Are we slim yet?
This is a major milestone for the MemShrink project. It shows the progress we have made (MemShrink started in earnest in June 2011) and will let us identify regressions more easily.
John’s done a wonderful job implementing the site. It has lots of functionality: there are multiple graphs, you can zoom in on parts of graphs to see more detail, and you can see revisions, dates and about:memory snapshots for individual runs.
John has also put in a great deal of work refining the methodology to the point where we believe it provides a reasonable facsimile of real-world browsing; please read the FAQ to understand exactly what is being measured. Many thanks also to Dave Hunt and the QA team for their work on the Mozmill Endurance Tests, which are at the core of AWSY’s testing.
Update: Hacker News has reported on this.
window objects) can also be leaked, and often defects that cause compartments leaks will cause window leaks as well.
Justin Lebar has introduced the notion of “ghost windows”. A ghost window is one that meets the following criteria.
- Shows up in about:memory under “window-objects/top(none)”.
- Does not share a domain name with any window under “window-objects/active.
- Has met criteria (1) and (2) for a moderate amount of time (e.g. two minutes).
The basic idea is that a ghost window has a high chance of representing a genuine leak, and this automated identification of suspicious windows will make leak detection simpler. Justin has added ghost window tracking to about:memory, about:compartments, and telemetry. (These three bugs were all marked as MemShrink:P1.) Ghost window tracking is mostly untested right now, but hopefully it will become another powerful tool for finding memory leaks.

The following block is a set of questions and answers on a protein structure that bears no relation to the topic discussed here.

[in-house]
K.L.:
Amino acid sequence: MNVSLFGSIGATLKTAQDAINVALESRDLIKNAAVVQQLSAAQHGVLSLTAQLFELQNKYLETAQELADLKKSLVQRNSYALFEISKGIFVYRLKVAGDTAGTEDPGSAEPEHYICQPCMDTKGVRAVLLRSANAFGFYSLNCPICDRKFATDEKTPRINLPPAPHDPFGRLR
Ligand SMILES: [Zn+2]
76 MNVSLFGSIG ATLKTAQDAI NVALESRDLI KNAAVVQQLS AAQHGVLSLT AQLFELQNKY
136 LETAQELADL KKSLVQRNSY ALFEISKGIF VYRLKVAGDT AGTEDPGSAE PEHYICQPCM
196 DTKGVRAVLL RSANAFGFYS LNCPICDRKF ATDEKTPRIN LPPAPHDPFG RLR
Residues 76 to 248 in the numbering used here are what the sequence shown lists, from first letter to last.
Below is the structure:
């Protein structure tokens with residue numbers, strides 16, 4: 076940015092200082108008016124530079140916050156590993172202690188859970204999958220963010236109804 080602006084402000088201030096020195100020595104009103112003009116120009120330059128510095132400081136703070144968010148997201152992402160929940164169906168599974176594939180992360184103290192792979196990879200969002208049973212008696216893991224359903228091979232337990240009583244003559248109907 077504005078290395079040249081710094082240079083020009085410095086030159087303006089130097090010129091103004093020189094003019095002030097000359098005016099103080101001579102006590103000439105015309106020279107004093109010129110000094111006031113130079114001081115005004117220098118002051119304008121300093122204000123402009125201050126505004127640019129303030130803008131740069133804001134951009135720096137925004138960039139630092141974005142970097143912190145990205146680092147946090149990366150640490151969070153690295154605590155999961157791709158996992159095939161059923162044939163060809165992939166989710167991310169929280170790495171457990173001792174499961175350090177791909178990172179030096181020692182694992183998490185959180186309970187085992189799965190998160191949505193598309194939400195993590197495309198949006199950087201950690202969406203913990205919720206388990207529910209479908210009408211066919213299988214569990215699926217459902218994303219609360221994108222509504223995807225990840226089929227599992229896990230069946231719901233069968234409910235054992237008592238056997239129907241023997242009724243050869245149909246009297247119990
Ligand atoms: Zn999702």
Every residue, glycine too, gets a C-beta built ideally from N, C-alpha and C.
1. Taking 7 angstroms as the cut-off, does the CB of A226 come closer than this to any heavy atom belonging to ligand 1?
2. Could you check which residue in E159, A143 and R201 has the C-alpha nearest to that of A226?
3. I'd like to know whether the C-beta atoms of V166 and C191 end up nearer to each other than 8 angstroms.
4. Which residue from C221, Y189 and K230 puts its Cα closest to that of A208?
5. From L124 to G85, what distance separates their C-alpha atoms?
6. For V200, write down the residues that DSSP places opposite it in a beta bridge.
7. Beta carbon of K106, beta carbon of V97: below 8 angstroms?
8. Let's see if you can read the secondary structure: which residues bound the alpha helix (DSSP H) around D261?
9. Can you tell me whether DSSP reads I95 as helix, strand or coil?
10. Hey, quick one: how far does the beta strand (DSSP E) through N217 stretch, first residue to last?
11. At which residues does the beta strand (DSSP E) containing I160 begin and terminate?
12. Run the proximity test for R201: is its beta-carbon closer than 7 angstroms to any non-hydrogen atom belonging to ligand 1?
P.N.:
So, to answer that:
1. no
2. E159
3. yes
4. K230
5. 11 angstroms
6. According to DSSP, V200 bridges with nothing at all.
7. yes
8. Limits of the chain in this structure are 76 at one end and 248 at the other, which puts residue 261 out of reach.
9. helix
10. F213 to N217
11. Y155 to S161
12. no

We’ve been tracking leaky add-ons in Bugzilla for a while now, but we’ve never had a good product/component to put them in. David Lawrence, Byron Jones, Stormy Peters and I have together created a new “Add-ons” component under the “Tech Evangelism” product. The rationale for putting it under “Tech Evangelism” is that it nicely matches the existing meaning of that phrase — it’s a case where a non-Mozilla entity is writing defective code that interacts with Firefox and hurts users’ experiences with and perceptions of Firefox, and Mozilla can only inform, educate and encourage fixes in that defective code. This component is only intended for certain classes of common defects (such as leaks) that Mozilla contributors are tracking. It is not intended for vanilla add-on bugs; as now, they should be reported through whatever bug-reporting mechanism each add-on uses. I’ve updated the existing open bugs that track leaky add-ons to use this new component.
This week’s bug counts:
- P1: 21 (-5/+0)
- P2: 137 (-1/+7)
- P3: 90 (-1/+3)
- Unprioritized: 1 (-1/+1)
Good progress on the P1 bugs!
A new reporting schedule
Many of the weekly MemShrink reports lately have been brief. From now on I plan to write a report every two weeks. This will make things easier for me and will also ensure each report is packed full of interesting things. See you again in two weeks!